Professor Wright introduces the course by suggesting that "listening to music" is not simply a passive activity one can use to relax, but rather, an active and rewarding process. He argues that by learning about the basic elements of Western classical music, such as rhythm, melody, and form, one learns strategies that can be used to understand many different kinds of music in a more thorough and precise way -- and further, one begins to understand the magnitude of human greatness. Professor Wright draws the music examples in this lecture from recordings of techno music, American musical theater, and works by Mozart, Beethoven, Debussy and Strauss, in order to introduce the issues that the course will explore in more depth throughout the semester. 00:00 - Chapter 1. Introduction to Listening to Music 03:23 - Chapter 2. Why Listen to Classical Music? 12:14 - Chapter 3. Course Requirements and Pedagogy 21:11 - Chapter 4. Diagnostic Quiz 33:56 - Chapter 5. Pitch 42:04 - Chapter 6. Rhythm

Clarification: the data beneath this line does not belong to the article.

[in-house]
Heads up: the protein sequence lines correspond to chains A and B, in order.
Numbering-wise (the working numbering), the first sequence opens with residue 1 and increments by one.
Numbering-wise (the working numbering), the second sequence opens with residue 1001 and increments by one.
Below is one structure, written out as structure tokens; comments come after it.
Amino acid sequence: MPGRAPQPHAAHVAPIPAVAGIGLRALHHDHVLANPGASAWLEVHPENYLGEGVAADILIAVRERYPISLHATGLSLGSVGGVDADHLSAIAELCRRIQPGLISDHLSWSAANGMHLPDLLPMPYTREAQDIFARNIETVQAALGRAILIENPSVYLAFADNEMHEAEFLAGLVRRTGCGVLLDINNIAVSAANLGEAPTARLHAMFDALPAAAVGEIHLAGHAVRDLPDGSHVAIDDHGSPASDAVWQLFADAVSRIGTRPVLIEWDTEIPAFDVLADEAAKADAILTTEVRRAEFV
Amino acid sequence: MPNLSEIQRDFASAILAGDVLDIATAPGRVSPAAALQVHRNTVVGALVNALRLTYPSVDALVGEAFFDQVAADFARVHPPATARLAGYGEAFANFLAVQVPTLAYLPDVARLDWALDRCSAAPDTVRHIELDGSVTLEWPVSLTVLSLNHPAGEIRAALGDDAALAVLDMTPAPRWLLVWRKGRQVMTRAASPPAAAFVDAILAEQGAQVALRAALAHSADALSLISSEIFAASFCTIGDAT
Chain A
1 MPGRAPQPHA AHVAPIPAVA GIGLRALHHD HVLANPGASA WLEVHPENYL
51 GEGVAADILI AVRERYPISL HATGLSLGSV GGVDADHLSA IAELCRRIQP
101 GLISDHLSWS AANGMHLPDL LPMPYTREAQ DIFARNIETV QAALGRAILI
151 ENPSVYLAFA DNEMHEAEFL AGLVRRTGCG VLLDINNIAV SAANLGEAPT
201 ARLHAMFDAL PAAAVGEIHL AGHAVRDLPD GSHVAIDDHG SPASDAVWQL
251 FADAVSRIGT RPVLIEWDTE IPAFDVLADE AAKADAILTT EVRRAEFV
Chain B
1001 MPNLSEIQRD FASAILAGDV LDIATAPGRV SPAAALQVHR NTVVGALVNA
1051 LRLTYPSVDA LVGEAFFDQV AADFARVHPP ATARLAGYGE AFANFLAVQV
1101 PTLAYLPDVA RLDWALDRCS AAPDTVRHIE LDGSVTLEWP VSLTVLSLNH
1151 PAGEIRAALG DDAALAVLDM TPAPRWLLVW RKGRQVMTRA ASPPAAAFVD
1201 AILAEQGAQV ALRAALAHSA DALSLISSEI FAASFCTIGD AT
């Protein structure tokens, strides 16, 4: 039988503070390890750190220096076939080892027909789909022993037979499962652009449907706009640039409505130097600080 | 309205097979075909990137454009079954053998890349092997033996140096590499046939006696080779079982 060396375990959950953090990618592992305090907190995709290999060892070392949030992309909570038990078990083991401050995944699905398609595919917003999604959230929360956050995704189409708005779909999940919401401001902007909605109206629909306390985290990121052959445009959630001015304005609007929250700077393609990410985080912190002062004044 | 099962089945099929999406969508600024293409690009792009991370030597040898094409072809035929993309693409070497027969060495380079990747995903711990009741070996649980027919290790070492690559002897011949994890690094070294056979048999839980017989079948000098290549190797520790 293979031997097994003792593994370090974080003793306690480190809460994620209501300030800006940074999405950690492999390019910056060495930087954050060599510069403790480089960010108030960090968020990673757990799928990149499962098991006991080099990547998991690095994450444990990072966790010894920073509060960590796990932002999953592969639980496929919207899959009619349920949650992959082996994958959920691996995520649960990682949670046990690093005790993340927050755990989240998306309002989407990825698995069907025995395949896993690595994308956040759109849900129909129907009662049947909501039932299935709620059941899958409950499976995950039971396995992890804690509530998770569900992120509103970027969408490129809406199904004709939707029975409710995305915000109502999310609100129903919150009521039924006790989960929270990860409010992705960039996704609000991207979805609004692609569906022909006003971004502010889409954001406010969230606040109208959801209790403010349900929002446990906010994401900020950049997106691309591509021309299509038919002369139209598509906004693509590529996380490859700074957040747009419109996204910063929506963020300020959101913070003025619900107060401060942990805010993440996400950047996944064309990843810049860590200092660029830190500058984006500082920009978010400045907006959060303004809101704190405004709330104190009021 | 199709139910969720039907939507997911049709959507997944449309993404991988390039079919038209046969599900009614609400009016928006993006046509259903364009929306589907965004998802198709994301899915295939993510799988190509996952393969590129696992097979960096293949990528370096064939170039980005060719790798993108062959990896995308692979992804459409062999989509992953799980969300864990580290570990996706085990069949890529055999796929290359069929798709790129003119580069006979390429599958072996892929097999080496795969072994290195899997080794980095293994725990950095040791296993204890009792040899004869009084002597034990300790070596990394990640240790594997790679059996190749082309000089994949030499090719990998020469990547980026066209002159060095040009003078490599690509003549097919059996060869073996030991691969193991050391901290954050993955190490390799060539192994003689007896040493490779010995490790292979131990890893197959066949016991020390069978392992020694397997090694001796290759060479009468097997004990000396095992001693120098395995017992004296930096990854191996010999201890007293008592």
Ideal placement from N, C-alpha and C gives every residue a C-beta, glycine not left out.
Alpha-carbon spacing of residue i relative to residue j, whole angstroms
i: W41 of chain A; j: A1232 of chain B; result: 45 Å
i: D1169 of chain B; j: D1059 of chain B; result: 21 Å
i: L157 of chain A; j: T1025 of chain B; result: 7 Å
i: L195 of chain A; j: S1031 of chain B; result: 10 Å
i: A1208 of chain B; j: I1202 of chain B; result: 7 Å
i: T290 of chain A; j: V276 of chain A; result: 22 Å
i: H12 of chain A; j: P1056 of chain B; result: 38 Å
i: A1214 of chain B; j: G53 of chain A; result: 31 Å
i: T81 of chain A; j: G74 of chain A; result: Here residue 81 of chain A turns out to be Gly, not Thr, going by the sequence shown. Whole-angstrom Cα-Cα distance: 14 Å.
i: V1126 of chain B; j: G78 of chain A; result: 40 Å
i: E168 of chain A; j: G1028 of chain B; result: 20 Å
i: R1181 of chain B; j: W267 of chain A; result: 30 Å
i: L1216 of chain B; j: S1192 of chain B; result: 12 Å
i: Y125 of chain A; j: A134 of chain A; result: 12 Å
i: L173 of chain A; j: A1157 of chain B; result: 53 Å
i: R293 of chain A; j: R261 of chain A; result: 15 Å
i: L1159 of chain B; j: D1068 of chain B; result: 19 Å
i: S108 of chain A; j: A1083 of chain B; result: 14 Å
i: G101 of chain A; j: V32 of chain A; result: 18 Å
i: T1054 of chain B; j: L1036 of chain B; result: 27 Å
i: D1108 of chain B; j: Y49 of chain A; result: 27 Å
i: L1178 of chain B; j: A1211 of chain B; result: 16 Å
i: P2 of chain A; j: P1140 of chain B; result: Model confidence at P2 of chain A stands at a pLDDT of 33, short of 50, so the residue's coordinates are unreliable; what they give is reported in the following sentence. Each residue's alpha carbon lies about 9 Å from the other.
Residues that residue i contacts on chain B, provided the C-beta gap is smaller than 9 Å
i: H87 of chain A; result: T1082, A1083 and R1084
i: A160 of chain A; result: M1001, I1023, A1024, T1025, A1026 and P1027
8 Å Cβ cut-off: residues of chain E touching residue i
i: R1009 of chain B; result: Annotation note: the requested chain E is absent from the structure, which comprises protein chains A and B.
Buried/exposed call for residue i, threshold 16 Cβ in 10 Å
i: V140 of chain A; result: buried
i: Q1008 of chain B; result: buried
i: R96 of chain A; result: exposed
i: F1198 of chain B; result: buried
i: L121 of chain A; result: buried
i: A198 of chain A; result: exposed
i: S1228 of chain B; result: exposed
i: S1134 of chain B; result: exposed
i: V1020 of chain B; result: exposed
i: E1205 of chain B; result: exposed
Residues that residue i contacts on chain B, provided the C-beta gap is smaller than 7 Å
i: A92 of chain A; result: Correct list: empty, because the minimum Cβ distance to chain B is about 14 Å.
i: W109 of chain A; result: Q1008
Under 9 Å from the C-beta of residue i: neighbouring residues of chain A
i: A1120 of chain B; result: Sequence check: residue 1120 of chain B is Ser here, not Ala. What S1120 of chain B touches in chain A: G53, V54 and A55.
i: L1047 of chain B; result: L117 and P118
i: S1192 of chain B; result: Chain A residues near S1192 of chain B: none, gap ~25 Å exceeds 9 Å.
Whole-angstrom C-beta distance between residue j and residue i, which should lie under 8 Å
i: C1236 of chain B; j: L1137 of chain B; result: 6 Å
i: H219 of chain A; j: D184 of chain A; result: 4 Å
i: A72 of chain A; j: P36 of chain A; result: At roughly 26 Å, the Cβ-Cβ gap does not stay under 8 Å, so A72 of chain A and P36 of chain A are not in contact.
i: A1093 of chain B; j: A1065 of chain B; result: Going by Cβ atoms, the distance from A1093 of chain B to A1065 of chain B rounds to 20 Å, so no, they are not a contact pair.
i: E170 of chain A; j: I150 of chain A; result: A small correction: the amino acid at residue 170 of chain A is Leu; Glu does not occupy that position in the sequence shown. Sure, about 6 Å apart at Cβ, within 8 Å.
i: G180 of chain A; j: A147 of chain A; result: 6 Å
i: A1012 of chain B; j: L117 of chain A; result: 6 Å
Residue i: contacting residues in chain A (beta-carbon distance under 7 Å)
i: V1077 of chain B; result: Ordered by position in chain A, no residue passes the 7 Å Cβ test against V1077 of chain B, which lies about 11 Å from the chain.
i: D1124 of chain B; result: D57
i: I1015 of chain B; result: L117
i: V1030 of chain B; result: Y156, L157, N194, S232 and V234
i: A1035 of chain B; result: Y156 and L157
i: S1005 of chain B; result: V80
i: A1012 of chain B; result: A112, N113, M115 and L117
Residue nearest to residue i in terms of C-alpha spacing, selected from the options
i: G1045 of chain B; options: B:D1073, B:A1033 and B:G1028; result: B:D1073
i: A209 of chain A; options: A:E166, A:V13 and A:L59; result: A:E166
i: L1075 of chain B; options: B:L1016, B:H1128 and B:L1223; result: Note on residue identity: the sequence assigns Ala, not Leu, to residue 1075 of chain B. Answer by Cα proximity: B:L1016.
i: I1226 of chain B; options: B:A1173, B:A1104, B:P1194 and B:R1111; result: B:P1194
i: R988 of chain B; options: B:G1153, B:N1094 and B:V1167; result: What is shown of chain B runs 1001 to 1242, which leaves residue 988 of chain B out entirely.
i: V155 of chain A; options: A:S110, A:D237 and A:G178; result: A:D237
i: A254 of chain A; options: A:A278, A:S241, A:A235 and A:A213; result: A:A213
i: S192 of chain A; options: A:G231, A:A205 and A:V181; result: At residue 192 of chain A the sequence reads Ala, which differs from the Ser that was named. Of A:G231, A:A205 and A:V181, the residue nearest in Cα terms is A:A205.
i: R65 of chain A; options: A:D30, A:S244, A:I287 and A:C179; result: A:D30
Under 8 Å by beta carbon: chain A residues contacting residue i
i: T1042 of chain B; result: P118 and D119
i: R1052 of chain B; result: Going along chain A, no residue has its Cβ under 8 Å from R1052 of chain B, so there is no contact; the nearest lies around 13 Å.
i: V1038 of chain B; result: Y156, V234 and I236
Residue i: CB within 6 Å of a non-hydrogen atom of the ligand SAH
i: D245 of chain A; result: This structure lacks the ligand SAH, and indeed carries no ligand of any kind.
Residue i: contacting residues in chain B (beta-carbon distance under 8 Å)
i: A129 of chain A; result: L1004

This course fosters the development of aural skills that lead to an understanding of Western music. The musical novice is introduced to the ways in which music is put together and is taught how to listen to a wide variety of musical styles, from Bach and Mozart, to Gregorian chant, to the blues.